*Gets off the sofa and changes out of pajamas immediately.*
*Gets off the sofa and changes out of pajamas*
AdvertisementLike all big changes, it has crossed our minds what impact remote working could be having in the long-term. And even though it's currently out of our control, it makes us wonder whether we'd choose flexible working in the future, especially when you hear the bleak outcomes experts predict for our posture, stress levels and sleep - not to mention skin, hair and weight.
In a 20-year forecast (which is sure to keep us up at night) a team of clinical psychologists and fitness experts has come together atto predict exactly what the future of remote working looks like - and it looks a lot like 'Susan'...Read next
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1 day agoDirectly ApplyWith thinning hair and a muffin top, she's a visual representation of what 20 years' worth of WFH could do to our physical and mental wellbeing and, sadly for Susan, it's not a good look.AdvertisementBy now well-accustomed to her remote worker life, Susan lives in a pair of love heart pajama bottoms (we feel personally victimised) with a Zoom-friendly collared shirt but after years of being hunched over her laptop, she's living with terrible posture and what the experts are calling 'Tech Neck'. Screen time and a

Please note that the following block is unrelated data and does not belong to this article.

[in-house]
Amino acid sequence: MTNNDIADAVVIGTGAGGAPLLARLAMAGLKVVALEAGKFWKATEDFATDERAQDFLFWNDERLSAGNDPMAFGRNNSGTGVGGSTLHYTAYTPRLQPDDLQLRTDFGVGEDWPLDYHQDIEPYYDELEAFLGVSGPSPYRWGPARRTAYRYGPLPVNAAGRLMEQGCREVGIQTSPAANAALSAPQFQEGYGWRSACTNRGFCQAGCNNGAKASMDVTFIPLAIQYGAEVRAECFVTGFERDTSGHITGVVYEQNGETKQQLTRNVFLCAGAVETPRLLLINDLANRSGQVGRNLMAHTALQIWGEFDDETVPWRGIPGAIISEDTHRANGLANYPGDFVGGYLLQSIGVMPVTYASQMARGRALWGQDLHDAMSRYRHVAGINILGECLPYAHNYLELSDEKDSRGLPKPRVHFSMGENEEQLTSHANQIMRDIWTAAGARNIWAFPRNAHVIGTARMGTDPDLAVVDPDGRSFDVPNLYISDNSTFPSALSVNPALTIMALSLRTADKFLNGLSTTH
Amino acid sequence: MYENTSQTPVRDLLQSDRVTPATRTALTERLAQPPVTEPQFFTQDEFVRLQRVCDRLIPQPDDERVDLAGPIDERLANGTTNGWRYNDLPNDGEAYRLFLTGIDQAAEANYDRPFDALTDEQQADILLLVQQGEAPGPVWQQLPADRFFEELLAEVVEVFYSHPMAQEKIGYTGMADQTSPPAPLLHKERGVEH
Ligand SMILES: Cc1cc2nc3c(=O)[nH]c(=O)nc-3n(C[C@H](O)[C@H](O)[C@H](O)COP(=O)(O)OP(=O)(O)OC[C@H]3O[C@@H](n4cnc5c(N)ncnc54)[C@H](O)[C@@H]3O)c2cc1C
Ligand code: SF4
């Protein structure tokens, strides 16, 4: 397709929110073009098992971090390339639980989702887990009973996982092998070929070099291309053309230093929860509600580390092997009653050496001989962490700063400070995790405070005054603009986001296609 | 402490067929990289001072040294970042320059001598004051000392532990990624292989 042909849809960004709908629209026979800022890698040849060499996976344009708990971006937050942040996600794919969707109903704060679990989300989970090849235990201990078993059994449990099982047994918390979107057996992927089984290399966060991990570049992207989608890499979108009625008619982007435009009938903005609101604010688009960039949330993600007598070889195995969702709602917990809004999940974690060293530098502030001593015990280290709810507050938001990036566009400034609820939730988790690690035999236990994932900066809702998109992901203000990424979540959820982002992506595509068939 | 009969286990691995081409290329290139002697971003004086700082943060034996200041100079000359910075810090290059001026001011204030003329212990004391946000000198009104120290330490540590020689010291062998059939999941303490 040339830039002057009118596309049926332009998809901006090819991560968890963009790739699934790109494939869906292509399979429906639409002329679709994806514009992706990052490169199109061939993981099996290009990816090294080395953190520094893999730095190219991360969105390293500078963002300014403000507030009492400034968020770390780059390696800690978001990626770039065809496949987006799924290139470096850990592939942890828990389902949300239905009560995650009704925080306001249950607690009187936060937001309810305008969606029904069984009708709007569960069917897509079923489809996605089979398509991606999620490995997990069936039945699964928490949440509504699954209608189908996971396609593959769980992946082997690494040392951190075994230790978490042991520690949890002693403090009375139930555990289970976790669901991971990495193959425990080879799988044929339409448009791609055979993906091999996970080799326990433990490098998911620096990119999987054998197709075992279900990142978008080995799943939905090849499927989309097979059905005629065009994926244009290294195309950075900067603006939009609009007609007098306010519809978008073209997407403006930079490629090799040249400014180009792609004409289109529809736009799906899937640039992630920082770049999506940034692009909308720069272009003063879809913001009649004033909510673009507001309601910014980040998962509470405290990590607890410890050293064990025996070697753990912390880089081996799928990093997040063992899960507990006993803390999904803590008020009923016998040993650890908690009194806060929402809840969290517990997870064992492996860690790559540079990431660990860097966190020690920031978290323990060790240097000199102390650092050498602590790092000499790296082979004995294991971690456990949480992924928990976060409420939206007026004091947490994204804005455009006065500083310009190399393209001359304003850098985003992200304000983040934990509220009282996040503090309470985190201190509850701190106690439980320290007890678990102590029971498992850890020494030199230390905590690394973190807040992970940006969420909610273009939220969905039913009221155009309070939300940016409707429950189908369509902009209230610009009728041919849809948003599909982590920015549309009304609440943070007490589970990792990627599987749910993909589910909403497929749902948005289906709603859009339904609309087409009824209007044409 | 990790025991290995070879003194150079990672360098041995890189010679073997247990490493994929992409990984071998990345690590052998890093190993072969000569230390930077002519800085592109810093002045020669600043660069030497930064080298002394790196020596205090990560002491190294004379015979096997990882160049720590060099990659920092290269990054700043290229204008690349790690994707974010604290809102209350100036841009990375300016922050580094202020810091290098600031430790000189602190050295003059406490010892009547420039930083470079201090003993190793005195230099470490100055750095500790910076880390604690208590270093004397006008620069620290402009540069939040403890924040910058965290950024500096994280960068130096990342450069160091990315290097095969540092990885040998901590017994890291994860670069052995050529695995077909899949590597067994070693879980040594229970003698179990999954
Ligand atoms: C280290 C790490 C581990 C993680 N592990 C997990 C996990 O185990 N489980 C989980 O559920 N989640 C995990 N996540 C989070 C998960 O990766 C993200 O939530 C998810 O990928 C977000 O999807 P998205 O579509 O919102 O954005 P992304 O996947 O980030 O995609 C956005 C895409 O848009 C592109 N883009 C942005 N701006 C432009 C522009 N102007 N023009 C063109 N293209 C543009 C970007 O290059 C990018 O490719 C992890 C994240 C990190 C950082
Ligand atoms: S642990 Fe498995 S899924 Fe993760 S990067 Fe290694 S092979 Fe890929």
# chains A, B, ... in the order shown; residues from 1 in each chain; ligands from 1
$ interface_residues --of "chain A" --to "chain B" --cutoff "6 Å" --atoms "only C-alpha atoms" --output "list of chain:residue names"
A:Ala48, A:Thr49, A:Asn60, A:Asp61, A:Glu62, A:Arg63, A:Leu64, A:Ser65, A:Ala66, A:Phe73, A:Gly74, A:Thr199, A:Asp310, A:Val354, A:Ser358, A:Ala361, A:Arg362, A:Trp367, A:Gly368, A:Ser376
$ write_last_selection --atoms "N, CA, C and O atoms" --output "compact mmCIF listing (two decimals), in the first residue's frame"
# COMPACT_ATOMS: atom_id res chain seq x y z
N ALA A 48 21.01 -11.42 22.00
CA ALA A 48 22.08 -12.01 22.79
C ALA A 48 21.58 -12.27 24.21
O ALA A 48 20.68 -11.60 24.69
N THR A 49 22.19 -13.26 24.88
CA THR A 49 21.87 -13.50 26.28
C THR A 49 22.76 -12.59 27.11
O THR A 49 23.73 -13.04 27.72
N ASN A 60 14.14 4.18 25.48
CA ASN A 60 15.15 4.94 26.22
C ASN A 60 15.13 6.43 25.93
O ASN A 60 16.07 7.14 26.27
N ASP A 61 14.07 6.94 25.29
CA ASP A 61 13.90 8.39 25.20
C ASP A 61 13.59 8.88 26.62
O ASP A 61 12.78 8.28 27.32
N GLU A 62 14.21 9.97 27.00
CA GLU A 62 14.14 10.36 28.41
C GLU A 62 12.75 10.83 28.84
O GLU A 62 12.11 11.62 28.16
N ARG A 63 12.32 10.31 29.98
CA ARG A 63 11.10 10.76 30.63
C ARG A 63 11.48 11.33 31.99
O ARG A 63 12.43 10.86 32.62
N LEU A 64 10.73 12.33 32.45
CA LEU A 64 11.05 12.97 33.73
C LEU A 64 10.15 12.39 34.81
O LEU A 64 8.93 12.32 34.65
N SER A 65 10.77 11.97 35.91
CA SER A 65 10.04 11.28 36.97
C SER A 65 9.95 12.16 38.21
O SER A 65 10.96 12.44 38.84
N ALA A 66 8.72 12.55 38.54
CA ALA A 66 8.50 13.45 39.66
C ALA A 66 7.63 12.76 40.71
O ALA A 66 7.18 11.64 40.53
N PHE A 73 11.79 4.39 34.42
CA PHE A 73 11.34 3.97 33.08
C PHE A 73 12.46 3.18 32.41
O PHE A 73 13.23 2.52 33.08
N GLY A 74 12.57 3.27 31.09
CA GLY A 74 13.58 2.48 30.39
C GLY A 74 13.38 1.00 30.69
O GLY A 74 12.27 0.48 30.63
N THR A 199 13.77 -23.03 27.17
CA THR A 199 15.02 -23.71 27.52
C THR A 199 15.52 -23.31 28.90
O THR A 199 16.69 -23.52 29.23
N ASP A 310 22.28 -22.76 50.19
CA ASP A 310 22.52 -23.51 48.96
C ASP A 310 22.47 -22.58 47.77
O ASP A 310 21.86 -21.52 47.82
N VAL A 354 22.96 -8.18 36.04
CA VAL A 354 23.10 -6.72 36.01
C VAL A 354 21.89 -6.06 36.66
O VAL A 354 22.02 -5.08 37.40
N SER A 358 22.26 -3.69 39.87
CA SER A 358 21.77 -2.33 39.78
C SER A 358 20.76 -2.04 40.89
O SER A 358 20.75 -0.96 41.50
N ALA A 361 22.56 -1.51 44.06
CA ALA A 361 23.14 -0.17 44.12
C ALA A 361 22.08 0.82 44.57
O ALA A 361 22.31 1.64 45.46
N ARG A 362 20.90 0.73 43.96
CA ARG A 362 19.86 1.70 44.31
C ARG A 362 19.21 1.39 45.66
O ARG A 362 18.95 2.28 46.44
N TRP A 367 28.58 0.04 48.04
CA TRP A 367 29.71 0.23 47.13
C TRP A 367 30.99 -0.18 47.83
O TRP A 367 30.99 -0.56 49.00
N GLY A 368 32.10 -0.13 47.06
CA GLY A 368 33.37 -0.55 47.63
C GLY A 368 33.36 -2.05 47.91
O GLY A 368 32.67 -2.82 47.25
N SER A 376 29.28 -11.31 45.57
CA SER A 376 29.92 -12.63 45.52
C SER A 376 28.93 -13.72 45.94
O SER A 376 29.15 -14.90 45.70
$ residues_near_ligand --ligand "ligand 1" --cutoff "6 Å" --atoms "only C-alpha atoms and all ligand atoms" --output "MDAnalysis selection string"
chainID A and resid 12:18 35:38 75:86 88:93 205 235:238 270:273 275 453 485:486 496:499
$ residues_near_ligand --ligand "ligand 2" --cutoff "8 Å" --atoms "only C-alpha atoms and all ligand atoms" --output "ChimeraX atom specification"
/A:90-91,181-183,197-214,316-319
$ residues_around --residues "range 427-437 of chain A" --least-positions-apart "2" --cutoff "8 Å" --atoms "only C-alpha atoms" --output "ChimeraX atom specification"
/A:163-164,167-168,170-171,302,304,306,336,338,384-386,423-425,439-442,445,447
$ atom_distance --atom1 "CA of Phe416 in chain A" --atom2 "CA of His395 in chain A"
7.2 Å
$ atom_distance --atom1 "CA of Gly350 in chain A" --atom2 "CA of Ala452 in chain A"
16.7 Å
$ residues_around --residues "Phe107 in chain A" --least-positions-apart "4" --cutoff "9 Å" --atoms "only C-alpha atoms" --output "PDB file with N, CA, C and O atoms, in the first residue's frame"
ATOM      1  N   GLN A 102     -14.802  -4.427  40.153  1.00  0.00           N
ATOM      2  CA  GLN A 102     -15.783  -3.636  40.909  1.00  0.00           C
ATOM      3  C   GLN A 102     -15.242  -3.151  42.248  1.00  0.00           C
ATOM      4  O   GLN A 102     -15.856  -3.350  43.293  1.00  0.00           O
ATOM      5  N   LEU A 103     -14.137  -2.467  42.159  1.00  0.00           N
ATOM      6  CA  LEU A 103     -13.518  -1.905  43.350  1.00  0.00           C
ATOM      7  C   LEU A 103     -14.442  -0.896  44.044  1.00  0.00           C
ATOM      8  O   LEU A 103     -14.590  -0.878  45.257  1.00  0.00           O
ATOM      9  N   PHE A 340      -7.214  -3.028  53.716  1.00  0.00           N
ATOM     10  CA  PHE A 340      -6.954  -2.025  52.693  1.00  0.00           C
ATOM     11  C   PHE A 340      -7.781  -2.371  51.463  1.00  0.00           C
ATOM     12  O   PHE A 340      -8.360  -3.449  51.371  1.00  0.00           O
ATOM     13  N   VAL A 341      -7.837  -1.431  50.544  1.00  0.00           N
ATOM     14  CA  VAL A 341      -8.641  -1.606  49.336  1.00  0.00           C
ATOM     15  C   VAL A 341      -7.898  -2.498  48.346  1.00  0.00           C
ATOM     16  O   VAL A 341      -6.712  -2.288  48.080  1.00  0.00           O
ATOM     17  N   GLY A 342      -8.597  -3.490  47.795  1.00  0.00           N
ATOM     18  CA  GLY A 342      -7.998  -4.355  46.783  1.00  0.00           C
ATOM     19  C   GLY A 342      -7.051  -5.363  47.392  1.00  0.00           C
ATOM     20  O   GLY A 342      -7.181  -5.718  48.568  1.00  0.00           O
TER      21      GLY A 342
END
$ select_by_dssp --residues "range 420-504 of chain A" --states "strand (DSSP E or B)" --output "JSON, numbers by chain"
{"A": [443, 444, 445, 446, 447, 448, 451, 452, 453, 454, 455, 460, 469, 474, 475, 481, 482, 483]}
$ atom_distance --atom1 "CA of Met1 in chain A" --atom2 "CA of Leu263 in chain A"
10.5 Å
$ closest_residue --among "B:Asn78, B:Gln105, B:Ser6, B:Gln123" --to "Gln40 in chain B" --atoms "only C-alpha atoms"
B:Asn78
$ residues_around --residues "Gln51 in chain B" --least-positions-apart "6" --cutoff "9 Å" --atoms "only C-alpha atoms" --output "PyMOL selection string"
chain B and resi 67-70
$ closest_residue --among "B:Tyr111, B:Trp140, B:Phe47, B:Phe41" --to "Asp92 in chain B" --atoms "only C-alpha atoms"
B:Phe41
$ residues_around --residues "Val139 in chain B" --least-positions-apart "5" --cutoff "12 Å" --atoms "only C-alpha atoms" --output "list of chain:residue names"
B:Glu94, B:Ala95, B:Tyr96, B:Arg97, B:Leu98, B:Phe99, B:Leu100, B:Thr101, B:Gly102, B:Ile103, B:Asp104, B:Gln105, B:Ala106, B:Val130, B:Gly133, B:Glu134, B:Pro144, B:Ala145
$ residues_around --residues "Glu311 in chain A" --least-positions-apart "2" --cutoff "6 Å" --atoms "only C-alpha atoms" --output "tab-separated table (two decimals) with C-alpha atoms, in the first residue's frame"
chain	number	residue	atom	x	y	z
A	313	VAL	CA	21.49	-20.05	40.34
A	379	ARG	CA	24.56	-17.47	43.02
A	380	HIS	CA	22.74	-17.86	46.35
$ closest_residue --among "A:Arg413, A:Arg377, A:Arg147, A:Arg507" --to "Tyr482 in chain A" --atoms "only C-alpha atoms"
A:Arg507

lack of Vitamin Dhave ravaged her skin and left her with heavy eye bags. She's also considerably overweight. Poor Susan.So what does this tell us about the impact of home working on the nation’s mental and physical health in the last 12 months.1. We miss the social side of office work
The watercooler chat just isn't the same over Zoom and around a quarter of Brits working from home say they are struggling with the loneliness and isolation from colleagues, right now*. Read more: British GLAMOUR »
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